Anderson also said the new Child Center has been unable to operate at full capacity due to administration, who are currently only allowing operations at a third of Center’s overall occupancy.
“Like, it seems to me that if you’re going to claim that the Child Center is running at a deficit, then you should at least give them a year in their new building at full capacity with their teachers working in one place and not paying rent,” Anderson said.
Phoebe Frantz, a fourth-year student majoring in elementary education and early childhood development, is a student staff employee at the Child Center who also took issue with the Center’s restructure.
Instead of operating two rooms with 12 infants in each, the Child Center has reduced room size to one with eight infants.
With the Child Center’s toddler rooms, occupancy has been reduced from two rooms with 14 toddlers each, to one room with six toddlers.
Frantz said preschool rooms have a maximum capacity of seven to eight students but are not currently full.
“So, we are really under capacity right now and not serving what we could be serving,” Frantz said.
Frantz, like Anderson, questioned the budget deficit due to the Child Center waitlist.
“We have proven we have minimal spreading in the Center. We have followed these strict protocols. We have staff that are getting tested weekly. We have the vaccine and it’s still halted. So, to me, when you tell me that the Child Center has a budget deficit but has a waitlist – It doesn’t align, it doesn’t make sense. So, that’s the biggest gap that I’m questioning,”
Frantz said.
Amira Shanaa is a co-worker of Frantz at the Child Center and is also a fourth-year student majoring in elementary education and teaching.
Shanaa said there are families pleading for their kids to be admitted at the Child Center due to inadequacies from other early childhood education centers in Winona.
“It’s shocking to me as an education student that you would be willing to do this to such a strong aspect [of the program] we’re able to offer,” Shanaa said. “And going back to the budget thing, if you’re getting rid of this, you’re turning away so many potential future students, which could attract more money. You [Winona State] just spent however much money on this Education Village to attract more students to make this a focal point of the university.”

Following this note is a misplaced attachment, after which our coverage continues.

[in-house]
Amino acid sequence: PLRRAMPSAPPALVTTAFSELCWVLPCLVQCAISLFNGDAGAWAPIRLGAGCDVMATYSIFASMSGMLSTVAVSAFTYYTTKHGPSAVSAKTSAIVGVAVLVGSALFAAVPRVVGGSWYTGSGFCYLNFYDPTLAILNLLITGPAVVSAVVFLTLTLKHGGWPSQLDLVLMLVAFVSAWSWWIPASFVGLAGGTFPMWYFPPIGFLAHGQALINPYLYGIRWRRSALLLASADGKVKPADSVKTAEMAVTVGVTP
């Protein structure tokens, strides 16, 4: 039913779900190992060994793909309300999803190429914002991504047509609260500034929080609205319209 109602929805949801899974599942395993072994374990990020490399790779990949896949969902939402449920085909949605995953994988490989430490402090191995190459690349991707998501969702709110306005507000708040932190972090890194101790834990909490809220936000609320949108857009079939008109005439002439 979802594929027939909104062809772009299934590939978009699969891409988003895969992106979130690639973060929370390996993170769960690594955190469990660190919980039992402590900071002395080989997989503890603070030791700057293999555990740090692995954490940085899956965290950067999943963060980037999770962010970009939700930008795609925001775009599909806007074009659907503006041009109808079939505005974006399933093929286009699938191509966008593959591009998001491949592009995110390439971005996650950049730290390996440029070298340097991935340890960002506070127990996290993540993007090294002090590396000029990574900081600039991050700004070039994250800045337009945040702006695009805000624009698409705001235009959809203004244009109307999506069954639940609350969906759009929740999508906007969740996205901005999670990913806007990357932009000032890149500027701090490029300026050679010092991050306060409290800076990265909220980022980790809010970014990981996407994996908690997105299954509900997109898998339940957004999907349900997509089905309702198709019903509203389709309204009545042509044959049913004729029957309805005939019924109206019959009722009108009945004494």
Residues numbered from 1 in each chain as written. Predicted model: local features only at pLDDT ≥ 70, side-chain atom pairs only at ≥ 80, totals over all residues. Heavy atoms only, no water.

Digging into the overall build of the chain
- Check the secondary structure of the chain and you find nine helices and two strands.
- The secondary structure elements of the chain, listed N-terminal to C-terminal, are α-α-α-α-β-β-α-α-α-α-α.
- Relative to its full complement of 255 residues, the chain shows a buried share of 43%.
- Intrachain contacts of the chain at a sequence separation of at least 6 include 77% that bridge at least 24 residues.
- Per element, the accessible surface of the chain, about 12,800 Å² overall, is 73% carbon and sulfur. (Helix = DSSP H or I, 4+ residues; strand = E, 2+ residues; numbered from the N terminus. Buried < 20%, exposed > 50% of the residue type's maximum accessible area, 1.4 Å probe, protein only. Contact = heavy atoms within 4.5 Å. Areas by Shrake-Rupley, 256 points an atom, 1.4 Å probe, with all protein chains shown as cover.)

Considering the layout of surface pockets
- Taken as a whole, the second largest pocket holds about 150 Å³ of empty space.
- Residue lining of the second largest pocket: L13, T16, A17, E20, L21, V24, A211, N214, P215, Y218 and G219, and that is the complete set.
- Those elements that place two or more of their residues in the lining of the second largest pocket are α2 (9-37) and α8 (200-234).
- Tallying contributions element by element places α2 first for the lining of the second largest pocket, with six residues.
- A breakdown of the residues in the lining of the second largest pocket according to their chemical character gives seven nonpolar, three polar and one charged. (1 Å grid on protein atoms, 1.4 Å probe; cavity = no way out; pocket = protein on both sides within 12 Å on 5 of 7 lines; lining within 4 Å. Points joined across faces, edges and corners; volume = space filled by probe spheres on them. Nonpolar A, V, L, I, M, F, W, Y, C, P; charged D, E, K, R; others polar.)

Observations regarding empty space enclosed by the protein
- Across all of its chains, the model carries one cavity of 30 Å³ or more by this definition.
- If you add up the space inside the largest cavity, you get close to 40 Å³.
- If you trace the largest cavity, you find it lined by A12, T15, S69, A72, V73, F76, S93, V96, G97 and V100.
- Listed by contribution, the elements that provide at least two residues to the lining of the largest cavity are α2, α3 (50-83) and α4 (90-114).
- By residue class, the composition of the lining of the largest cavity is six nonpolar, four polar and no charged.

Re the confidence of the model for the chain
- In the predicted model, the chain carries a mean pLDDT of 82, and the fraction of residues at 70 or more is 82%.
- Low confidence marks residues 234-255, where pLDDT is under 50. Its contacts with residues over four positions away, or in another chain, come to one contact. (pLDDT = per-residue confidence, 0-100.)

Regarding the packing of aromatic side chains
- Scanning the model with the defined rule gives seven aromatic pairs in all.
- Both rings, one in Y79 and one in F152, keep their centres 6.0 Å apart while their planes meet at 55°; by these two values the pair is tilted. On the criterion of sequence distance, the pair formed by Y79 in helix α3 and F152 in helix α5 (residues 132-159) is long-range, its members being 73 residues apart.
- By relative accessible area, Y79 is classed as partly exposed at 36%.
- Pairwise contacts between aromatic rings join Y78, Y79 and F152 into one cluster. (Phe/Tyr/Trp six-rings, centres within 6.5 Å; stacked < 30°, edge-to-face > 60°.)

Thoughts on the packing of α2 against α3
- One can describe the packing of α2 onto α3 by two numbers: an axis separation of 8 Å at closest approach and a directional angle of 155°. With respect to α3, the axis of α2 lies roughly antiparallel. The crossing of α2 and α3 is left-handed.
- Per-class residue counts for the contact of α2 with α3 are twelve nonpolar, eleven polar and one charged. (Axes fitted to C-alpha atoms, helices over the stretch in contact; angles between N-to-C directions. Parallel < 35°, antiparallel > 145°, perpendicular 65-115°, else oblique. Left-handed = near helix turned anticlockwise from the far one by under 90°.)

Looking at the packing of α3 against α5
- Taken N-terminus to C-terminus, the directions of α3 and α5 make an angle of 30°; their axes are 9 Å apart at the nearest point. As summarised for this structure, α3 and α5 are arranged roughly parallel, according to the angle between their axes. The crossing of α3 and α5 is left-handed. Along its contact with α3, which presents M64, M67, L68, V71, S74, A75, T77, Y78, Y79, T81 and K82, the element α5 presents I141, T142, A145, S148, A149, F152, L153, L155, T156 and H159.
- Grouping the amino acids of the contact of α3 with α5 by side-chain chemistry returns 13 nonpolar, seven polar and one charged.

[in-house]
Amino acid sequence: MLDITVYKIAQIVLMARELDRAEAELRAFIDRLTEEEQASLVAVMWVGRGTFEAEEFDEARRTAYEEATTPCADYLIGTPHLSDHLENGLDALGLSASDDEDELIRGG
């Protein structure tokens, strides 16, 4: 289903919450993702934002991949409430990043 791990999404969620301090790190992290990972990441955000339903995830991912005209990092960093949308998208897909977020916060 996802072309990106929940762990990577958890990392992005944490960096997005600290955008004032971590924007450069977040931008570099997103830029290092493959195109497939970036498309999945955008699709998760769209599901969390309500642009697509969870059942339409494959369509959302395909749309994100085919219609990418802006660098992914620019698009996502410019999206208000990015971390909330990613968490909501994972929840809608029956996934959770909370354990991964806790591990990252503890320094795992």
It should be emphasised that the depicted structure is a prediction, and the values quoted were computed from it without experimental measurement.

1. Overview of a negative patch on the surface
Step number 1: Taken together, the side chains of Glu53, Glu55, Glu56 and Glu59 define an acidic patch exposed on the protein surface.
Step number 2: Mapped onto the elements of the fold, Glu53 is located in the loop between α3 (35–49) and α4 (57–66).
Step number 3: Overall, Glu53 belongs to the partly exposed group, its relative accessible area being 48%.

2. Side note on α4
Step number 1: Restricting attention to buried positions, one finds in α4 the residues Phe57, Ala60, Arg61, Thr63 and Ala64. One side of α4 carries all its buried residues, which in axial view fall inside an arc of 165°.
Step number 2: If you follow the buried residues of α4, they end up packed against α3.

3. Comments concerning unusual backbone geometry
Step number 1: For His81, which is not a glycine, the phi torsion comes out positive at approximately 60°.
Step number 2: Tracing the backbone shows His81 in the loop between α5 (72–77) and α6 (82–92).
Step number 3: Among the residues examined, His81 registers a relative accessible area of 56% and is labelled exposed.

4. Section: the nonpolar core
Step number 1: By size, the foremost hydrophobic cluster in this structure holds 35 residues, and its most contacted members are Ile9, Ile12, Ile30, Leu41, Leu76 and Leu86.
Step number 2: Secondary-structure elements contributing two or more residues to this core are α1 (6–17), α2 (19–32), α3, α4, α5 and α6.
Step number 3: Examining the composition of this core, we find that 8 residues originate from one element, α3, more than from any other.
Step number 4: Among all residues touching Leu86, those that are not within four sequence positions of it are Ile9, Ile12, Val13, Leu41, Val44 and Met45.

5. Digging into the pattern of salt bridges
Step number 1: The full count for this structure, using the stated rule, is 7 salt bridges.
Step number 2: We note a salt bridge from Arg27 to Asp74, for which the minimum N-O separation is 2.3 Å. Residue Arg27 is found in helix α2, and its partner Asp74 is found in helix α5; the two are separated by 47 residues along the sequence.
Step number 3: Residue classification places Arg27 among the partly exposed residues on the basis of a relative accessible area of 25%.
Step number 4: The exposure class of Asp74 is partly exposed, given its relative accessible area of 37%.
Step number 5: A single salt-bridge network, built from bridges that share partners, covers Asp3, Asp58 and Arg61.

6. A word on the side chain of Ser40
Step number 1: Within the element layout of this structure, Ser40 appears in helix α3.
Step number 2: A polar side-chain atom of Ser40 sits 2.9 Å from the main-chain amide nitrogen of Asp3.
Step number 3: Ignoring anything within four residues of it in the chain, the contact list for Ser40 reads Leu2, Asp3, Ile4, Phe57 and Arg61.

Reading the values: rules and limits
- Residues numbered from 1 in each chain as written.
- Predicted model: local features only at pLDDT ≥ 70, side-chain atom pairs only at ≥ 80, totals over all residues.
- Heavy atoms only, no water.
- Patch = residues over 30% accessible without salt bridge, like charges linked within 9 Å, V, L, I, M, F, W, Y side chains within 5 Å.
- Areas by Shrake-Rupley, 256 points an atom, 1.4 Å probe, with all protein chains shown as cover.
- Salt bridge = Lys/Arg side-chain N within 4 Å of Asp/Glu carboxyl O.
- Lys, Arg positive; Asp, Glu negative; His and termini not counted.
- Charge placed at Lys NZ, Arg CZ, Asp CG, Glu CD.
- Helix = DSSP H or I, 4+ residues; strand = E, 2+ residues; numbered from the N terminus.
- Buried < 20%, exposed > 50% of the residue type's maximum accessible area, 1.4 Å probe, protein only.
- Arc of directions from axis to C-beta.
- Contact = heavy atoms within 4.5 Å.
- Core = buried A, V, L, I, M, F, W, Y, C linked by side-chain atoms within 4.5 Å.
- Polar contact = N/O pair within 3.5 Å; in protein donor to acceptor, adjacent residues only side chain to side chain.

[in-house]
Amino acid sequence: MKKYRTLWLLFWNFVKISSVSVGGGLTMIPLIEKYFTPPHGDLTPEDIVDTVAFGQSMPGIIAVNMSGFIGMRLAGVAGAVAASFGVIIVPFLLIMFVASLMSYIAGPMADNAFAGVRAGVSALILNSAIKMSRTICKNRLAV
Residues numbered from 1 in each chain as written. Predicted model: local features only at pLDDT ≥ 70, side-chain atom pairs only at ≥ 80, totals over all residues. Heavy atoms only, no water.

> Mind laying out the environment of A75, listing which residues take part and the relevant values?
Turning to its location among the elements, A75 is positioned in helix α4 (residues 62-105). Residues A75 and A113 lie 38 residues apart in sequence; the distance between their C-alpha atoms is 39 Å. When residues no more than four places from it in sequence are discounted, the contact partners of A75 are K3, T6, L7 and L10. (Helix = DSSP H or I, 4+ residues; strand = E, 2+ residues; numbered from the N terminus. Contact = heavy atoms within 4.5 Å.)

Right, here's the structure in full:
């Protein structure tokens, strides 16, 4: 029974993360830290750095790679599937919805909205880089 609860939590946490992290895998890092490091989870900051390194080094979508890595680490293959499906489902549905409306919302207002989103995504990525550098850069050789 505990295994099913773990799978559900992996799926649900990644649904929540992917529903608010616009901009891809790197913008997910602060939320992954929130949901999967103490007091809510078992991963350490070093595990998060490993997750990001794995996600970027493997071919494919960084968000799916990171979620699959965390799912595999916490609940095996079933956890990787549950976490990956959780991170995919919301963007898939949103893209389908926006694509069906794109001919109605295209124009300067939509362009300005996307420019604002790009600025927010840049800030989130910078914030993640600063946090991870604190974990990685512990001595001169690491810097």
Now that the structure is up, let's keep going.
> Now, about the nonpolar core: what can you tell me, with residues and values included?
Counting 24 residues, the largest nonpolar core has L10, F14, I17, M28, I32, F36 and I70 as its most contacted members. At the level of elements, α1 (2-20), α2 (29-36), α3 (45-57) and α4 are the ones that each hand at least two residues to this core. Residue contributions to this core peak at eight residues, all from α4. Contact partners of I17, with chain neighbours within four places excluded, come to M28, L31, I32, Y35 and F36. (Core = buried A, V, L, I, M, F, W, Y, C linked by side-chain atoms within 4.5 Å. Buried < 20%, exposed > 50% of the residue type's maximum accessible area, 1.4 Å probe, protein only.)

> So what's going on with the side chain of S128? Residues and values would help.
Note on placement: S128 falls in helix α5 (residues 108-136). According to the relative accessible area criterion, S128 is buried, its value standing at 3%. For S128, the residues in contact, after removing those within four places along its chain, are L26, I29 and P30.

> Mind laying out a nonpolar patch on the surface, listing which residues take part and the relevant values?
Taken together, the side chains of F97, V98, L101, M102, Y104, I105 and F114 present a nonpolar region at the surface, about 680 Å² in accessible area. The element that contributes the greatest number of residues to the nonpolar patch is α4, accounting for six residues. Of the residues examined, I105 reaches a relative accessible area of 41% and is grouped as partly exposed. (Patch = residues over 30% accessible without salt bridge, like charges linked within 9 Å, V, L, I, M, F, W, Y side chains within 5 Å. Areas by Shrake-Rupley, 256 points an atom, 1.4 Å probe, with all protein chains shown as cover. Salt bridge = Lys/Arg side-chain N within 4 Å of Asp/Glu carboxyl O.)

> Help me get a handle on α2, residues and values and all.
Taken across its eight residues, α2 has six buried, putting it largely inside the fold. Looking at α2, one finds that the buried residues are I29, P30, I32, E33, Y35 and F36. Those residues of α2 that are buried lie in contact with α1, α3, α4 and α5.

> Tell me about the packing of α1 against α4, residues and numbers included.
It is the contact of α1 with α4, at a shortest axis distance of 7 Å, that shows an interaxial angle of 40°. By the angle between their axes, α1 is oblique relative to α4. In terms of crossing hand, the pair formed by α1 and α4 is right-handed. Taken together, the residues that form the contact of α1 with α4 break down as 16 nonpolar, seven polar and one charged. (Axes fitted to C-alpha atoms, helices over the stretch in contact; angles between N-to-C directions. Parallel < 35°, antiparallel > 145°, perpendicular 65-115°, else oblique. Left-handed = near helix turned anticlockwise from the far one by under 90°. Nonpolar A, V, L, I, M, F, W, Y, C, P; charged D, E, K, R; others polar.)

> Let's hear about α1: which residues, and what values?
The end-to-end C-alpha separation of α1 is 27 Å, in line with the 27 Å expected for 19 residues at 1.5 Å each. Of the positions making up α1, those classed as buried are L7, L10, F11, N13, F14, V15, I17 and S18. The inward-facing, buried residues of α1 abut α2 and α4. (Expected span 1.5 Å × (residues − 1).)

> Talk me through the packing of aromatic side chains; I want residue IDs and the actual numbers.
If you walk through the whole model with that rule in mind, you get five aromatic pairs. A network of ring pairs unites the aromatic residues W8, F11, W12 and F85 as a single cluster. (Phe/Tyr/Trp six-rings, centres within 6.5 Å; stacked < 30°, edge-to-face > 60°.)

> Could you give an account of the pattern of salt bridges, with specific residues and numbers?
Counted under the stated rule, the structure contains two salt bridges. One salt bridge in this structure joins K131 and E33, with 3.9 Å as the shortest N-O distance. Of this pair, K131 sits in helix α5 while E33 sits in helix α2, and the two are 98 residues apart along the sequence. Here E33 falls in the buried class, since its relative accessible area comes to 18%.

Shanaa also criticized the lowering of educational requirements needed to become a staff member at the Child Center.
“I can’t imagine being supervised by someone who only has a two-year degree and has two years of experience. I literally cannot imagine that, because if I’m first-year teaching, next year, I can’t imagine them being like, by the way, you’re supervising a certain teacher,” Shanaa said.
Winona State’s administration recently commented on the backlash from students, faculty and staff over the proposed restructuring.
On Thursday, an email from President Olson’s office claimed the university has made no decision, despite stating “[Winona State] has made the difficult decision to restructure its staffing organization,” in the first paragraph of the original news release.
The university also acknowledged they “inadvertently skipped a necessary step in the contractual notification process for the affected employees and with the Administrative and Service Faculty (ASF) collective bargaining unit,” according to the email.
Proposed restructuring plans, at least for the moment, appear to be on hold, as ASF negotiates details with the school’s administration.
Winona State’s administration has yet to determine when a final proposal will be approved.